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Rev. Raphael Warnock has won a Georgia seat in the US Senate. | Michael M. Santiago/Getty Images

Warnock’s Georgia win is a blow to Republicans.

Democrat Rev. Raphael Warnock has won a US Senate seat in Georgia, beating Republican Sen. Kelly Loeffler in one of the state’s pivotal January 5 runoff elections.

Warnock’s win is a historic one; he’s the first Black senator to be elected in Georgia, which fought on the side of the Confederacy in the American Civil War. Warnock is the 11th Black candidate ever elected to the Senate, and he will be one of just three Black senators in the current Congress, along with Sens. Cory Booker (D-NJ) and Tim Scott (R-SC).

“Georgia is the home state of Martin Luther King Jr.,” Warnock told Vox in an interview this fall. “It has long been the tip of the spear for change in America. And I think that through this movement that we’re building, it once again will be a central focus for that change.”

Warnock’s win signifies a potential sea change in Georgia politics. It comes a few months after Joe Biden became the first Democratic presidential candidate to win Georgia since 1992. House Democrats also flipped their only GOP-held district of 2020 in Georgia’s Seventh Congressional District, in Atlanta’s suburbs.

The other Senate runoff race between Republican Sen. David Perdue and Democrat Jon Ossoff has not yet been called.

This once staunchly conservative state has seen immense demographic change in recent years, but has also seen a Democratic Party that is increasingly organized. Democrats can thank voting rights groups aimed at turning out voters of color en masse for Warnock’s win, which was powered by nonwhite voters.

“We knocked on our 2 millionth door yesterday, we’ve made 5 million phone calls, 3 million text messages to Georgia voters,” Nsé Ufot, CEO of the voting rights group New Georgia Project, told Vox. “We were all surprised with the results of the November election, and I maintain Georgia is a battleground state.”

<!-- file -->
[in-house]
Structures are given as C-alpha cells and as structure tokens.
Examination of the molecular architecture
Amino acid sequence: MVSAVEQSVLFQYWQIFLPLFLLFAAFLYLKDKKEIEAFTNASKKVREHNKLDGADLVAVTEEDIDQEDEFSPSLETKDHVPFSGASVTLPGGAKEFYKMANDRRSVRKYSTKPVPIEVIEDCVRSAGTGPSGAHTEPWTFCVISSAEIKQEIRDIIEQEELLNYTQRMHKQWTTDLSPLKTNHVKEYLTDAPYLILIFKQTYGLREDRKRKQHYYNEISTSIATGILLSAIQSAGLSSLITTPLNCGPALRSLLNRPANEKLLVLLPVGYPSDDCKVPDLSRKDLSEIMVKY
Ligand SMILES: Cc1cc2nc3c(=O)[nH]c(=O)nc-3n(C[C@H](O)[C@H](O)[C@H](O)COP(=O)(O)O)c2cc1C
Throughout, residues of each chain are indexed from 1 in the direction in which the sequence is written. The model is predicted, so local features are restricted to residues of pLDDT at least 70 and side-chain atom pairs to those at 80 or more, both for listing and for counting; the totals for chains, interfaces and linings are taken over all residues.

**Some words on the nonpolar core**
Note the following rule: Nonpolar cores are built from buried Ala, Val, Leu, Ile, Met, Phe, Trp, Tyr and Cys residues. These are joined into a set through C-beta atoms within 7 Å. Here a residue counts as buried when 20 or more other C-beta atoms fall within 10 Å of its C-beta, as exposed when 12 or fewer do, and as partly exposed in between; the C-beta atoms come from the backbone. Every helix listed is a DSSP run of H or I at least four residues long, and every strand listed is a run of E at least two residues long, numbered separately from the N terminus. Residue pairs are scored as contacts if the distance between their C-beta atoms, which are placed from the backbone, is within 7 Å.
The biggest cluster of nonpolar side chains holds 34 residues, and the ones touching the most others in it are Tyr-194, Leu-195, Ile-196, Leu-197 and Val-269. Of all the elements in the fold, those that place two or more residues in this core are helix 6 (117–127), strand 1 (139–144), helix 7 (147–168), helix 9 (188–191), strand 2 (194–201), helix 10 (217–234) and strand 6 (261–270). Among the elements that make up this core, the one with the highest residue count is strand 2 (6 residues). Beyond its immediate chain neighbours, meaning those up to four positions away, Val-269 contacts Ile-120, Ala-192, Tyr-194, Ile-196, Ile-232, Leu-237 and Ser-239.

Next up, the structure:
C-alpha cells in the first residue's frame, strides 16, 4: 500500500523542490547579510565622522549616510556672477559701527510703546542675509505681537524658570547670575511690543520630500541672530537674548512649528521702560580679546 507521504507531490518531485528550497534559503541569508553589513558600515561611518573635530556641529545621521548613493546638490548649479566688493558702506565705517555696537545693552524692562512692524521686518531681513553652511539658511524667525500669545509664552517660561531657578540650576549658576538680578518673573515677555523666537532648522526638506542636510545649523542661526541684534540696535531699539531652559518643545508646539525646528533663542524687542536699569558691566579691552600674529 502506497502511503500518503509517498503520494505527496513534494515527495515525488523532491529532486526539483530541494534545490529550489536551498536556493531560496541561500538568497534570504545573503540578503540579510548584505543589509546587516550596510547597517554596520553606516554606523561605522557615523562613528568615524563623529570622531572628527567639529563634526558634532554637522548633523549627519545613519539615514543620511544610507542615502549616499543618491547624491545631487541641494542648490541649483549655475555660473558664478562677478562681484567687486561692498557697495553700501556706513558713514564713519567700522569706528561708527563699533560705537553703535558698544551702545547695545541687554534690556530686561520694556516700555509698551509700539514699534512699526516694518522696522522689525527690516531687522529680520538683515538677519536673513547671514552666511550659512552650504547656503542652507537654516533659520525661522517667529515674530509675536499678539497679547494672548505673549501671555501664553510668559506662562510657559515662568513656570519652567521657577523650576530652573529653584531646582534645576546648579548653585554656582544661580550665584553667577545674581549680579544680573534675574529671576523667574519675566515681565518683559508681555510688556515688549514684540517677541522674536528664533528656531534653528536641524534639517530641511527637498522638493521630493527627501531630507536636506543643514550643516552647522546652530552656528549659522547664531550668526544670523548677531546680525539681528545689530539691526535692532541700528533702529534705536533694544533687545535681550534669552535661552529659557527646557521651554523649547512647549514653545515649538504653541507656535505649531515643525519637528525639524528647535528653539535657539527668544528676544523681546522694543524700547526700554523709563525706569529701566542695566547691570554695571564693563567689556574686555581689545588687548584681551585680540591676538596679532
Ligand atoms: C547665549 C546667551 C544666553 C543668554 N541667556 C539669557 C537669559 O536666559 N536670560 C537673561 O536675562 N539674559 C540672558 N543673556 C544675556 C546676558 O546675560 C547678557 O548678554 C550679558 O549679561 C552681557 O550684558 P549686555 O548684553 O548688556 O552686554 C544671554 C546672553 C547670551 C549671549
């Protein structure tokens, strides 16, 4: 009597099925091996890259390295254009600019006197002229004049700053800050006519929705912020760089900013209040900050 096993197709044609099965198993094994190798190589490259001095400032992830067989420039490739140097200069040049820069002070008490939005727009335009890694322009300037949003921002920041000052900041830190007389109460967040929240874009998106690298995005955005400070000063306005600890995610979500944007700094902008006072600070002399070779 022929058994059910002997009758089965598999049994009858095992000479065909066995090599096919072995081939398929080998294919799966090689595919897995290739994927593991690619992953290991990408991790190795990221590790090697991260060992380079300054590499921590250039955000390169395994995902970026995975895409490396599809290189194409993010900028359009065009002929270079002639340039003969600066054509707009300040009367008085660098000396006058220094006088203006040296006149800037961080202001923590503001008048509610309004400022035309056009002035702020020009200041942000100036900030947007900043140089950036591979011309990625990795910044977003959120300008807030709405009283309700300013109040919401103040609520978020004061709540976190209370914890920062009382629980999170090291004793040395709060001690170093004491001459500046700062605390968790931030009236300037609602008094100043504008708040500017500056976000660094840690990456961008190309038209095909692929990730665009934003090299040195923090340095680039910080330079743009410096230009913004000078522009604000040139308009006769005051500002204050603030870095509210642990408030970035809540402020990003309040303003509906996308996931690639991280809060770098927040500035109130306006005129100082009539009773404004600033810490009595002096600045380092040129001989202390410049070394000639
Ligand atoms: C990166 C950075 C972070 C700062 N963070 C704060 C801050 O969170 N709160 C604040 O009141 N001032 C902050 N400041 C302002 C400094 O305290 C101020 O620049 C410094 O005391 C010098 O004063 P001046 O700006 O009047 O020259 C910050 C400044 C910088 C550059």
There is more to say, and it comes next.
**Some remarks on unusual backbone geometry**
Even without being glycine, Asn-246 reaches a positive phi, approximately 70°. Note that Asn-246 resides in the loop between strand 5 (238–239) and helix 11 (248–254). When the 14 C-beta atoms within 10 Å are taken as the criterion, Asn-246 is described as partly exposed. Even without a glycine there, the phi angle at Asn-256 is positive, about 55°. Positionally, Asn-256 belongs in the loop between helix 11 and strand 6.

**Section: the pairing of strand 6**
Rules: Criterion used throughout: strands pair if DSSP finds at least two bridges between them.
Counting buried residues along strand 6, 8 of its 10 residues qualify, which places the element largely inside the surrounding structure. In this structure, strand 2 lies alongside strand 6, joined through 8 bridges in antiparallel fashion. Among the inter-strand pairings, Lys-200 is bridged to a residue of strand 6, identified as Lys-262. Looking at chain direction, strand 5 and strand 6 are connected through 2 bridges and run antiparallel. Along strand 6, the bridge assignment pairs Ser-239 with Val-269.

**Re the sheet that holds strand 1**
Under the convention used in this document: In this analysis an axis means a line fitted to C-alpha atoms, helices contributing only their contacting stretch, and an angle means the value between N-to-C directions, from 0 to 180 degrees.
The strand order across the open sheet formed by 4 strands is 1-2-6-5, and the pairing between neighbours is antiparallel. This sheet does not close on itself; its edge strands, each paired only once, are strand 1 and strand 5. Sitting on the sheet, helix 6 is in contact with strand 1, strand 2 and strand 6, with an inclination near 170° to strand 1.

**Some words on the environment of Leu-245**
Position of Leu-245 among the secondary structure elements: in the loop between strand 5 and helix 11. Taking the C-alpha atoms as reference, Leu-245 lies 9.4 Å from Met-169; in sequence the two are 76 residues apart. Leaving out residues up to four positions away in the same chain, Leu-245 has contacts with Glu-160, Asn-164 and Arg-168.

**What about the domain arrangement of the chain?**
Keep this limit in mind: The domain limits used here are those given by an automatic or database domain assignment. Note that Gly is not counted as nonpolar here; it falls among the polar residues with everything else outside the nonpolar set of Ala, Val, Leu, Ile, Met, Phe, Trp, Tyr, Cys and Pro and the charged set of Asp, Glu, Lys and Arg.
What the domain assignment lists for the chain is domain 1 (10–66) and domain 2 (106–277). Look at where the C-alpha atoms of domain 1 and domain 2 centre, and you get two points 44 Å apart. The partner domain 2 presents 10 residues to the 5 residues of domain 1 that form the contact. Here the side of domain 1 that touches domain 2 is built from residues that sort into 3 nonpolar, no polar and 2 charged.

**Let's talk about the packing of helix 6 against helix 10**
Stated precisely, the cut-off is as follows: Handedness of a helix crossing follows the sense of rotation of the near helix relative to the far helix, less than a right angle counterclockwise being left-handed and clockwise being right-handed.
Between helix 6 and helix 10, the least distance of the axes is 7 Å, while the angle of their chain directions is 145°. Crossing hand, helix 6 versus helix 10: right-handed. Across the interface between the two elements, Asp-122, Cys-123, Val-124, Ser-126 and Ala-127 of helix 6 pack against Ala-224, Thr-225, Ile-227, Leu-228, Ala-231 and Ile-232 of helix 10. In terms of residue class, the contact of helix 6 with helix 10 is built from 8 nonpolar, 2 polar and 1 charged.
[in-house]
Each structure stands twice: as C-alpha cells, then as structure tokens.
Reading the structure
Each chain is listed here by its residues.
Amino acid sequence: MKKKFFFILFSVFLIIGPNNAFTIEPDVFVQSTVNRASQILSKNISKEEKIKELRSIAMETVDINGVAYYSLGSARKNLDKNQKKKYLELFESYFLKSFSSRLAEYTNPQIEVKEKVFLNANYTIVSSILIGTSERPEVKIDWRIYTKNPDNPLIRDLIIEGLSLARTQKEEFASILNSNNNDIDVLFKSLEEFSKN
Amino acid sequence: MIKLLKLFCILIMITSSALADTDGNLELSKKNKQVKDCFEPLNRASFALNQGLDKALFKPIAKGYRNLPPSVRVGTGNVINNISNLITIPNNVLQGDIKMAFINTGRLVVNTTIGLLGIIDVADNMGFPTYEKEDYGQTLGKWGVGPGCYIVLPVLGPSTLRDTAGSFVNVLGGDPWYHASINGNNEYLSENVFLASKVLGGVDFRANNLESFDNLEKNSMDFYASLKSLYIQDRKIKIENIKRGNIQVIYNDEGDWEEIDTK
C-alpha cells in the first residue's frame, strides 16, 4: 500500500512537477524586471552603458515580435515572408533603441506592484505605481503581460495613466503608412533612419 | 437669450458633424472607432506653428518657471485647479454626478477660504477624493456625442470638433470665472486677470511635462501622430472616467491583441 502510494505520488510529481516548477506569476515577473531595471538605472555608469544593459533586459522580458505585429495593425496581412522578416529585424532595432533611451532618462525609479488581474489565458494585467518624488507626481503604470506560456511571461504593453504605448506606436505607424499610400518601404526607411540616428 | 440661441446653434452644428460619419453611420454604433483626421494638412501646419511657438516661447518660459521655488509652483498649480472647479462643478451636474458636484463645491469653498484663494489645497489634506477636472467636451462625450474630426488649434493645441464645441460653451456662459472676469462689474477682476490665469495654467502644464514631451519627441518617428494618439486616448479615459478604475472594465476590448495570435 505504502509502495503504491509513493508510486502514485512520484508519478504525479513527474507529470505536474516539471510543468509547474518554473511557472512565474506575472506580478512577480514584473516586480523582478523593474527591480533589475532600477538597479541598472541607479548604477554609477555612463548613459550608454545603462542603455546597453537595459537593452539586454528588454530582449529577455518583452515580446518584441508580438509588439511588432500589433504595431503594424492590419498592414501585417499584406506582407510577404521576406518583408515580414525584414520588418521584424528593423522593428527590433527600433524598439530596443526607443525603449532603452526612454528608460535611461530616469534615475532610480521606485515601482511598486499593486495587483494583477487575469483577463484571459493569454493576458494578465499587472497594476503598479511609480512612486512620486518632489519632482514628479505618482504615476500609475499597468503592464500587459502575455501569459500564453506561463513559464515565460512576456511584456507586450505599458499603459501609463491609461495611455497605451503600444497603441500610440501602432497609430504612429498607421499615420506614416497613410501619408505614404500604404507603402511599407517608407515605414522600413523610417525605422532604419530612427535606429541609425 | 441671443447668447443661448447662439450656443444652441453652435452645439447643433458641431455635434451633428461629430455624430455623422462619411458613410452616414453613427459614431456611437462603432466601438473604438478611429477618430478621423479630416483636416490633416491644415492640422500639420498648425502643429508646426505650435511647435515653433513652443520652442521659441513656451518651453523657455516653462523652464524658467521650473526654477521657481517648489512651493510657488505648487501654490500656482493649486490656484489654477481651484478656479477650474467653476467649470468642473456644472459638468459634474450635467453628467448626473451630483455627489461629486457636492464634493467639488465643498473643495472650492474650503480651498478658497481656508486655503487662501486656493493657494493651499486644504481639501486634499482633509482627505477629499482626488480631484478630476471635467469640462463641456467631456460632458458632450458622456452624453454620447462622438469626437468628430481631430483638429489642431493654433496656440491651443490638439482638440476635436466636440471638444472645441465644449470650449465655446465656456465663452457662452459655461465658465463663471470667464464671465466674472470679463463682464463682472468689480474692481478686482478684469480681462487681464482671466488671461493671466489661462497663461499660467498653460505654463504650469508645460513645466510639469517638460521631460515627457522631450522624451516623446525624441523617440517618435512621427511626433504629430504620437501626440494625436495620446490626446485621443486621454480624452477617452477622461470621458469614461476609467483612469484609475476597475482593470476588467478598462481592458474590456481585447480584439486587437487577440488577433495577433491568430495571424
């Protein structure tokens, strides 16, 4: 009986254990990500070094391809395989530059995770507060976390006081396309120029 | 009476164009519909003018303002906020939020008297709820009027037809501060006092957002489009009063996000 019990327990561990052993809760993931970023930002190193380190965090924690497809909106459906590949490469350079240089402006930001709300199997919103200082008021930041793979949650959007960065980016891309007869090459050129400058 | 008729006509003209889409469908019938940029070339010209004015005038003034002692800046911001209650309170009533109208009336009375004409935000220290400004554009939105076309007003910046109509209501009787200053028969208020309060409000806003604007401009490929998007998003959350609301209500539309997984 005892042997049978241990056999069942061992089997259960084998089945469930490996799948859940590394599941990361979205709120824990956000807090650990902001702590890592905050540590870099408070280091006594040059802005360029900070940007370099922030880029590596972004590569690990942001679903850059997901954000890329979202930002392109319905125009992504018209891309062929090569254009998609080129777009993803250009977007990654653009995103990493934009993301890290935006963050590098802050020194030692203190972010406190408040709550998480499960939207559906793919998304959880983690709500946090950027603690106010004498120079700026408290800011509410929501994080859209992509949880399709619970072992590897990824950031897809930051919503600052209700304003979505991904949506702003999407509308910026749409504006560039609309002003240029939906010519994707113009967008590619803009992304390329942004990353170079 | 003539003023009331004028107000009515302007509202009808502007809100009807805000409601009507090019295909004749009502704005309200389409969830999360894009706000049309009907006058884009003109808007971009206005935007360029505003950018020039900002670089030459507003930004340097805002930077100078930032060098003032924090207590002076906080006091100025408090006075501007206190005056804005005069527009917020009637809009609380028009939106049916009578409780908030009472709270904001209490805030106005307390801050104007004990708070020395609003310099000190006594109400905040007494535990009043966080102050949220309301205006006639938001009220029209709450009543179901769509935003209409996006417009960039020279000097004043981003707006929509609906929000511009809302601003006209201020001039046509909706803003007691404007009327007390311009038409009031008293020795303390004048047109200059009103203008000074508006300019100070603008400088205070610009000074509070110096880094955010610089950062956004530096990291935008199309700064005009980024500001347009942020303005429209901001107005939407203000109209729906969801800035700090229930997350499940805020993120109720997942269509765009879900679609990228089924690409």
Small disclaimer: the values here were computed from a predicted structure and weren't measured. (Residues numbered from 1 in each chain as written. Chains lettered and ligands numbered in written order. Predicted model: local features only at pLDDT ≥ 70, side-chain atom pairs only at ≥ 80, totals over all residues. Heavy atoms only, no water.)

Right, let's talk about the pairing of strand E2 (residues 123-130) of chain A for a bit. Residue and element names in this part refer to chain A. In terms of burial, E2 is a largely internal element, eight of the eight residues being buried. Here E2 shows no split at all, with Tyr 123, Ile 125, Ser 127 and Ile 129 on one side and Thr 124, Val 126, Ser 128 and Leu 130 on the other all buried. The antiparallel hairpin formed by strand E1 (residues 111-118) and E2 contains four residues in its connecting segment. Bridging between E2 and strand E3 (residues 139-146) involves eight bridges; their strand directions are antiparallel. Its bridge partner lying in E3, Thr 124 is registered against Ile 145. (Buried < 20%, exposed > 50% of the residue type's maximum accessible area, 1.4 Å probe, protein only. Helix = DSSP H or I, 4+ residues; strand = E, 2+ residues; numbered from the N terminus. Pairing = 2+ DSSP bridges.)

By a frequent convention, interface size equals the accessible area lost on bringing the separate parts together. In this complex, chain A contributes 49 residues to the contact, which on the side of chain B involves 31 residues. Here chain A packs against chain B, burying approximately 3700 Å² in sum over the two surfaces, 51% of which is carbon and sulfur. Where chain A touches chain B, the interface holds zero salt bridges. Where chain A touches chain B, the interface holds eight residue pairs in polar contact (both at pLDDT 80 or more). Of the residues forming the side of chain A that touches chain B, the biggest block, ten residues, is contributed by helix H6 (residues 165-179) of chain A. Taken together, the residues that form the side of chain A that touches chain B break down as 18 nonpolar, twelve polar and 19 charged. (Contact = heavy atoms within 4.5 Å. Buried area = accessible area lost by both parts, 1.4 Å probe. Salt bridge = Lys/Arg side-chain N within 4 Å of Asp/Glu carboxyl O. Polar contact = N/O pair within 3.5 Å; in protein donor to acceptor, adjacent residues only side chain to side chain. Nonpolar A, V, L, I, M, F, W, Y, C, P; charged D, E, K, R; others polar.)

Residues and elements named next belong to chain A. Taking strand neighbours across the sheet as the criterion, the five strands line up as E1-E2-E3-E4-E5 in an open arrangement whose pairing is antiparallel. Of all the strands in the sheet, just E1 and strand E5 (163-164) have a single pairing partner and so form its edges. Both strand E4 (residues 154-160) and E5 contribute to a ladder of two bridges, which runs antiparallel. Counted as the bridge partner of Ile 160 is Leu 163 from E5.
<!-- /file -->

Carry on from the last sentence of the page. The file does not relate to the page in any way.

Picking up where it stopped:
What Warnock’s win means for Senate control and Biden’s agenda

President-elect Joe Biden won the presidency on November 3, but he doesn’t have much chance to deliver on the bold agenda he’s proposed without buy-in from Congress.

Biden is entering office facing multiple crises: The Covid-19 pandemic is worsening in the US even as vaccines start to be delivered across the country, and millions of people are still out of work due to coronavirus-related layoffs. After months of partisan gridlock, Congress managed to pass a $900 billion economic relief package before the new year. Biden has said he wants more economic stimulus, but whether a future package can pass will largely be determined by which party controls the Senate.

Democrats will have to contend with Senate Republicans no matter what. Winning both Georgia seats would give Democrats 50 seats in the Senate, plus Vice President-elect Kamala Harris serving as a crucial tie-breaker for simple majority votes. (To be clear, Georgia’s other race has not been called yet, so we still don’t know which party will control the Senate).

The catch is that most bills need to clear a 60-vote supermajority in the Senate. Therefore, even if Democrats have control of the Senate, they still need around 10 Republican votes to get things done — unless they vote to eliminate the filibuster and change Senate rules to a simple majority rule vote for legislation. A number of Democrats, including Sen. Joe Manchin of West Virginia, staunchly oppose this.

Warnock’s win means that Democrats will have to win over fewer Republican senators to get some basic work done; they now have one more reliable vote on routine but important Senate functions like confirming Biden’s Cabinet or judicial nominees.

Warnock’s win in Georgia gets Democrats one step closer to governability.

Author: Ella Nilsen

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